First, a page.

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DRUG DELIVERY

Lipid nanoparticles for the inhalation of mRNA

Lipid nanoparticles can be optimized for the efficient delivery of mRNA via nebulization.

It is now clear that messenger RNA (mRNA) encoding the spike protein of severe acute respiratory syndrome coronavirus 2 (SARS-CoV-2) delivered by lipid nanoparticles (LNPs) triggers the efficient protection of lungs from infection by the virus. Generally, mRNA therapeutics could also be used to treat or prevent cystic fibrosis, lung cancer, asthma and other lung diseases1,2. LNPs encapsulating mRNAs provide the nucleic acids with protection against degradation by ribonucleases, facilitate their uptake by cells, are largely non-immunogenic and allow for the controlled release of the encapsulated therapeutic3. The most direct route (and probably also the safer and most efficient) for administering LNP-encapsulated mRNAs to the lungs is via inhalation, as it maximises the concentration of the therapeutic in these organs and limits its systemic exposure. Writing in Nature Biomedical Engineering, James Dahlman, Philip Santangelo and colleagues4 now describe a screening approach for the optimization of LNPs so that mRNA can be delivered to the lungs in the form of nebulized aerosols.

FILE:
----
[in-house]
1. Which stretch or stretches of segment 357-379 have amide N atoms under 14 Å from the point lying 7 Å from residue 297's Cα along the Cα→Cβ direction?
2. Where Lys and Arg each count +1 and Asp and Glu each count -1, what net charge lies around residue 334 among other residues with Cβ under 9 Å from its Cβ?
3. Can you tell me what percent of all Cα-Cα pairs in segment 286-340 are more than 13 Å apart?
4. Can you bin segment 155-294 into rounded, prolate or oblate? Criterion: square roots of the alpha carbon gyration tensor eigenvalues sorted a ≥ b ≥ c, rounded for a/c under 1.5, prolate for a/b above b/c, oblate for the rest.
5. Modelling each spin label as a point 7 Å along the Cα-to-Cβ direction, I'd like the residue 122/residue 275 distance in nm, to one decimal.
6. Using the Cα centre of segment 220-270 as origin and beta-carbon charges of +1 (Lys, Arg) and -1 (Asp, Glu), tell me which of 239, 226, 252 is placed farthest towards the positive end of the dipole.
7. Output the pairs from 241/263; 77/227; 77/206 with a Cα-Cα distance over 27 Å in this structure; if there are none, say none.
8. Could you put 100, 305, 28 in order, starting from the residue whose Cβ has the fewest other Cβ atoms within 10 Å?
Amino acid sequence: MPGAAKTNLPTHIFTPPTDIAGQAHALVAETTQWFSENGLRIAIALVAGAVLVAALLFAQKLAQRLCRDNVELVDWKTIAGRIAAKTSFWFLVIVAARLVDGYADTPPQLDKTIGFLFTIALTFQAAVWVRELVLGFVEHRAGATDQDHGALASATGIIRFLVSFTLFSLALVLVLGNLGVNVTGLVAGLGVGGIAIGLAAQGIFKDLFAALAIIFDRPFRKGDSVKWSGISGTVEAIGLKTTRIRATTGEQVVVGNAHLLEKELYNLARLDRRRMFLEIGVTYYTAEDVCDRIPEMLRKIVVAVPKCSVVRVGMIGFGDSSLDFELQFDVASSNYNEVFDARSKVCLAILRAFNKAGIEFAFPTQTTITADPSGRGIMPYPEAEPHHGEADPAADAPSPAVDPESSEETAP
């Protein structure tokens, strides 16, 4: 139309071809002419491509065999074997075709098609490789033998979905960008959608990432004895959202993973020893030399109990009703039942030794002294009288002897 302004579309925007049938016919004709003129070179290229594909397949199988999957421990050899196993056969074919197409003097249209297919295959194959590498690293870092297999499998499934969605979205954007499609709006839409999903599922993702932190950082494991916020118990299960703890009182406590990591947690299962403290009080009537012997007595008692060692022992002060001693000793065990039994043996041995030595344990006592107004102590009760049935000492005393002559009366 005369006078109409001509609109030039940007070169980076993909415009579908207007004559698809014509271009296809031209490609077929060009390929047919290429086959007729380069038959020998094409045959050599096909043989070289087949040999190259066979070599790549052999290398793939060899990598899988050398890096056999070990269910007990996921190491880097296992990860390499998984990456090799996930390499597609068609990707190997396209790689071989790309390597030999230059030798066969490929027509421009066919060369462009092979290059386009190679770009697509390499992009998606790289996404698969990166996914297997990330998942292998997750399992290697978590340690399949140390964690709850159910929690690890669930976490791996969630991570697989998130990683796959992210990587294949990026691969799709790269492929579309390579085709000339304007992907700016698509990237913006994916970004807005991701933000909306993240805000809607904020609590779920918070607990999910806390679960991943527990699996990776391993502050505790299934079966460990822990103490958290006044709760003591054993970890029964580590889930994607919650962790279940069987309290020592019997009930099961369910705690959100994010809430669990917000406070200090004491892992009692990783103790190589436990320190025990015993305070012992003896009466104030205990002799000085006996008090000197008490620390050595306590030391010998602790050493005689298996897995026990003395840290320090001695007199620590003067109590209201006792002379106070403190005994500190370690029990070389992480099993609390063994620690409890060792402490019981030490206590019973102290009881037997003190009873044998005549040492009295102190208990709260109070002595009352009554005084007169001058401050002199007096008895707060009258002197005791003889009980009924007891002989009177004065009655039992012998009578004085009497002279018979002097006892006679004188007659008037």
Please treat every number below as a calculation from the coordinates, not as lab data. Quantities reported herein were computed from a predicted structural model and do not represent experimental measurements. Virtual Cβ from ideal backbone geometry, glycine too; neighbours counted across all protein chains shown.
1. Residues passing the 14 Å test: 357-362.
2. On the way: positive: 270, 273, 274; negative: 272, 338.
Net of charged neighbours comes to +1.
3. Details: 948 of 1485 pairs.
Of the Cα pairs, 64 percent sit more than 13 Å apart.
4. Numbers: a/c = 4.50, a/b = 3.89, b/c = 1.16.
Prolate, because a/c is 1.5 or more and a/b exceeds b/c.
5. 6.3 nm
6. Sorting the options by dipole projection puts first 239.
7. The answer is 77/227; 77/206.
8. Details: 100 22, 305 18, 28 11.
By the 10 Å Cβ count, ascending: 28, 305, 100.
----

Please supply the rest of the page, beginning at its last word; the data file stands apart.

Dahlman and co-authors employed a cluster-based approach to formulate LNPs by analyzing the effects of different chemical compositions and molar ratios of the nanoparticle constituents — main lipids, neutral or cationic helper lipids, and poly(ethylene glycol) (PEG)) — on the efficiency of nebulized delivery of mRNA to the lungs of mice (Fig. 1). The authors produced LNPs microfluidically and used a previously optimized oligomer–lipid conjugate (termed 7C1) as a main lipid as well as mRNA encoding the enzyme nanoluciferase. They formulated and tested monodisperse LNPs with a diameter smaller than 200 nm in vivo by quantitating the luminescence emitted 48 h after the LNPs were delivered to the lungs of mice via an exposure chamber designed for the noses of the animals (incidentally, nose-only inhalation chambers have a low delivery efficiency, as only about 1.4% of the aerosolized mass is effectively available for inhalation5; hence, they require large quantities of aerosolized material). An initial screening round involved the production of six ‘extreme groups’ of LNPs: LNPs with a high molar fraction of neutral lipid, of 7C1 and neutral lipid, of 7C1 and cholesterol, of cationic helper lipids, of PEG, or of 7C1 and PEG. LNPs with a high fraction of helper neutral lipid or of cholesterol, and hence a low fraction of PEG and (non-helper) lipids, had structural instability, which suggested that the presence of PEG and main lipids is crucial for producing stable 7C1-based LNPs. LNPs with a higher fraction of PEG or cationic helper lipids led to, respectively, the highest and second highest levels of luminescence in the lungs of the mice. To fine-tune the LNP formulation, the authors tested formulations with cationic and neutral helper lipids, cholesterol, 7C1 and PEG at varying molar ratios. For LNPs formulated with cationic helper lipids, LNP size was dependent on PEG–lipid content, with larger LNPs forming when the molar fraction of PEG was low. When administered to the animals through inhalation, LNPs formulated with a higher PEG content led to greater luminescence than those with a low molar fraction of PEG, which confirmed that PEG is a crucial excipient for efficient in vivo mRNA delivery. For LNPs formulated using neutral lipids, the authors tested LNPs formulated with PEG–lipid conjugates of two polymer lengths (chains of 14 or 18 carbon atoms), cholesterol and 7C1. Again, LNP size was dependent on the molar ratios of the PEG–lipid conjugate. Greater luciferase expression was observed for LNPs containing a low molar fraction of PEG and for those with a longer polymer. On the basis of all the data gathered, the authors arrived at three design rules: the presence of a PEG–lipid conjugate is crucial to the formation of stable LNPs, nebulized mRNA delivery can be improved with the use of cationic helper lipids and a higher molar fraction of PEG, and more PEG is needed for formulations with cationic helper lipids than for those with neutral lipids.